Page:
Supervisor Henry Perea, who has been among the board minority supporting Williamson Act tax reforms, said he would try to accommodate Dictos.
“If he can make the argument that he’ll bring in revenue, we absolutely should staff him up and purchase the equipment he needs,” Perea said. “I think Paul’s right: There’s a lot of money that we’re leaving on the table.”
Agricultural tax breaks in Fresno County are worth as much as $30 million annually, depending on the year, more than in any other county. It’s money that would otherwise flow to county government, cities, special districts and schools.
Fresno County government alone forfeits about $4 million annually. The county’s discretionary budget is roughly $258 million.
Perea has proposed scaling back Williamson Act tax benefits to better fund local services. But the majority of the board has not been receptive to this idea. They say the tax incentives are vital for protecting farmland.
Property enrolled in the Williamson Act, per state law, is taxed according to its agricultural value, not its fair-market value. This is what accounts for the lower tax bills.
The 43-page audit, done at a cost of about $8,000, takes issue with how the Fresno County Assessor’s Office computes this reduction.
Independent contractor Joseph Preston of Apple Valley in Southern California sampled some of the 14,000 county parcels receiving agricultural tax breaks and concluded that information on farm property is housed in 11 different files and that much of it is conflicting, making it hard to know what the tax assessments should be.
His report says that one in five properties hasn’t been adequately reviewed in more than a decade, meaning many tax reductions are based on outdated information.
The report also suggests that county assessors sometimes weigh factors — how much a fruit tree is worth, for instance — differently, making for inconsistent billing.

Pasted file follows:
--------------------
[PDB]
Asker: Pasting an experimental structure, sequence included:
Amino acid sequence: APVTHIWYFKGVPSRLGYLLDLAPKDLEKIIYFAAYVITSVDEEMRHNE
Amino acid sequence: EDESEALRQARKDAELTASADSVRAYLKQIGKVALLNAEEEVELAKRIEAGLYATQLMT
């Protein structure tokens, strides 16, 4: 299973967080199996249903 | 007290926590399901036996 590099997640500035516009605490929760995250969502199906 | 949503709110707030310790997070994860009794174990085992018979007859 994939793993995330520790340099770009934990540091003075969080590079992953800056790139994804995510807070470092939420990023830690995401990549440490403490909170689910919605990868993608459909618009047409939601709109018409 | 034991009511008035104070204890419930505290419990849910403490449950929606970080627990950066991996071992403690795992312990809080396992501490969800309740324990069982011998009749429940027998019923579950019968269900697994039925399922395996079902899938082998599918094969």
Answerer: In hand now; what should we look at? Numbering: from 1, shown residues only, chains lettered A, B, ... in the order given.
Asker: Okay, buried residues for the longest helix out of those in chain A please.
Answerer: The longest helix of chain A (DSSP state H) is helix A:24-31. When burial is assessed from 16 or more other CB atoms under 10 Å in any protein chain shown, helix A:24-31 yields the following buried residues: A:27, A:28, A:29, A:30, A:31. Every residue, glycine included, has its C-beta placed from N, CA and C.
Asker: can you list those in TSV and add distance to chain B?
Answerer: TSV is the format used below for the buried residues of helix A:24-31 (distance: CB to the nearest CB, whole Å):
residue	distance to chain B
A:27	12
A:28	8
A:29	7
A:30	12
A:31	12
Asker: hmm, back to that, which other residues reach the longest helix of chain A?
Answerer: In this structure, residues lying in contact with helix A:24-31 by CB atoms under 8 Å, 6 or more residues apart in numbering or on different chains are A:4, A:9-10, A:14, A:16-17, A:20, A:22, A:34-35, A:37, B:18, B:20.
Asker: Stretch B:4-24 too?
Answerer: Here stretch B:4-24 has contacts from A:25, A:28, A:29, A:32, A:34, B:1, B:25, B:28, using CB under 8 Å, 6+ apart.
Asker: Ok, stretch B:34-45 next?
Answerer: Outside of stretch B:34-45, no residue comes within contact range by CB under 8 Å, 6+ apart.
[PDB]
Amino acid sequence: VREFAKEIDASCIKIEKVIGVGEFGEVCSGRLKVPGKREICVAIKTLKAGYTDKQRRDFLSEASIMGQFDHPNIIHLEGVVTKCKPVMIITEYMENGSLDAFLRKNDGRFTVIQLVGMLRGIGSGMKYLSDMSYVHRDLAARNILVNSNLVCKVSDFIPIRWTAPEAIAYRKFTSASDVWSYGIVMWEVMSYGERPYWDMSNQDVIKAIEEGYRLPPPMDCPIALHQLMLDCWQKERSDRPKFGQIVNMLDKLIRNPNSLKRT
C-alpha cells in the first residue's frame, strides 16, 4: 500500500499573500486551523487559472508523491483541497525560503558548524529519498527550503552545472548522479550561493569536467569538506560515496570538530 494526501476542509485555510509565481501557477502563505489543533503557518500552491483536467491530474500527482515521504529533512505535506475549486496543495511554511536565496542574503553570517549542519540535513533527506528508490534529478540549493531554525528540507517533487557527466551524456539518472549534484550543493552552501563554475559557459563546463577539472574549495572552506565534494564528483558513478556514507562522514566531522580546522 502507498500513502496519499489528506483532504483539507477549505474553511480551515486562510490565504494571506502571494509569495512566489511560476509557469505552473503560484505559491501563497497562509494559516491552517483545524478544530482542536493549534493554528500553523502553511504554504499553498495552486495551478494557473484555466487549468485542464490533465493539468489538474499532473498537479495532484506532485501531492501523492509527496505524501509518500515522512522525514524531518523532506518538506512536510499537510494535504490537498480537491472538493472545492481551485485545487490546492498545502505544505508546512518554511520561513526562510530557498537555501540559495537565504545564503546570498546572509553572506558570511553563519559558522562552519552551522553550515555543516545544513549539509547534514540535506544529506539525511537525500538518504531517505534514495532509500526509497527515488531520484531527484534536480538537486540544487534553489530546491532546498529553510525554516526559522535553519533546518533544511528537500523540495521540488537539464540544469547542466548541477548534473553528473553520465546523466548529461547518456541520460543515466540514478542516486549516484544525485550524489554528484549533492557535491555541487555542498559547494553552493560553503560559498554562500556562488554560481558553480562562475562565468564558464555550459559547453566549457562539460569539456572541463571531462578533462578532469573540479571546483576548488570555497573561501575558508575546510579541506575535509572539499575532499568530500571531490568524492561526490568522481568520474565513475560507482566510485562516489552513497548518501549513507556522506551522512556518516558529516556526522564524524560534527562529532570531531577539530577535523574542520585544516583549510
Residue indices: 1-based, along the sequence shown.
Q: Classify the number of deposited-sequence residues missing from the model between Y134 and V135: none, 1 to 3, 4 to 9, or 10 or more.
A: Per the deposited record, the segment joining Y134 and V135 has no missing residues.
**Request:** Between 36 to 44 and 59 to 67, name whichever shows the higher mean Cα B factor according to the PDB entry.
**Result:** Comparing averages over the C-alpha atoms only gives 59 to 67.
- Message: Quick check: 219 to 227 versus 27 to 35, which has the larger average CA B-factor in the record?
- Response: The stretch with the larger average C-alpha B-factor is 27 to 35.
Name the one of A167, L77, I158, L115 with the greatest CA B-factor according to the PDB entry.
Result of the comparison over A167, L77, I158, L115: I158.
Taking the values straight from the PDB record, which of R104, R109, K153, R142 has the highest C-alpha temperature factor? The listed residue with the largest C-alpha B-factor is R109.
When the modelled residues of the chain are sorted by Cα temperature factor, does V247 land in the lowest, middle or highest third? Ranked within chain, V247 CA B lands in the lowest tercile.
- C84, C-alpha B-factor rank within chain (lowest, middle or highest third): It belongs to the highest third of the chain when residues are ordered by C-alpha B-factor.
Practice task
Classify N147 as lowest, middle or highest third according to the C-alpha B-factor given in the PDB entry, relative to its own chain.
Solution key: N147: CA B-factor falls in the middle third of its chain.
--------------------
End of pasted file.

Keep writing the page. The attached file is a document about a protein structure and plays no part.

A response to the findings by county appraisers, contained in the audit, says the issues are overstated. The response acknowledges old methods of record-keeping, but says employees know how to navigate the files. Appraisers stand by most of the tax calculations.
Still, 5% of the properties included in the audit were determined by Dictos to have no business being in the Williamson Act. As a condition of the Williamson Act, landowners are required to keep their land in agriculture, and some have not.
Officials with the county Public Works and Planning Department, which is responsible for enrolling property in the Williamson Act and reviewing it, said staffing levels don’t permit regular monitoring of the properties.
According to the audit, a farm that was turned into a landscape business at Chestnut and Alluvial avenues outside Clovis is getting Williamson Act benefits, saving close to $4,000 in taxes some years.
An abandoned asbestos mine on 340 acres west of Interstate 5 is receiving an annual Williamson Act tax break of about $1,400. The property was once used for grazing but that appears to have ceased decades ago.
Fresno Trap and Skeet, also known as the Fresno County Gun Club, is eligible for Williamson Act benefits as well, though it hasn’t received a tax break — due to a change in property value — in several years.
Planning officials say they’re reviewing properties alleged to be out of compliance with the Williamson Act.
The owners of the gun club and the landscape business already have been notified that their land will be removed from the benefit rolls.
By Kurtis Alexander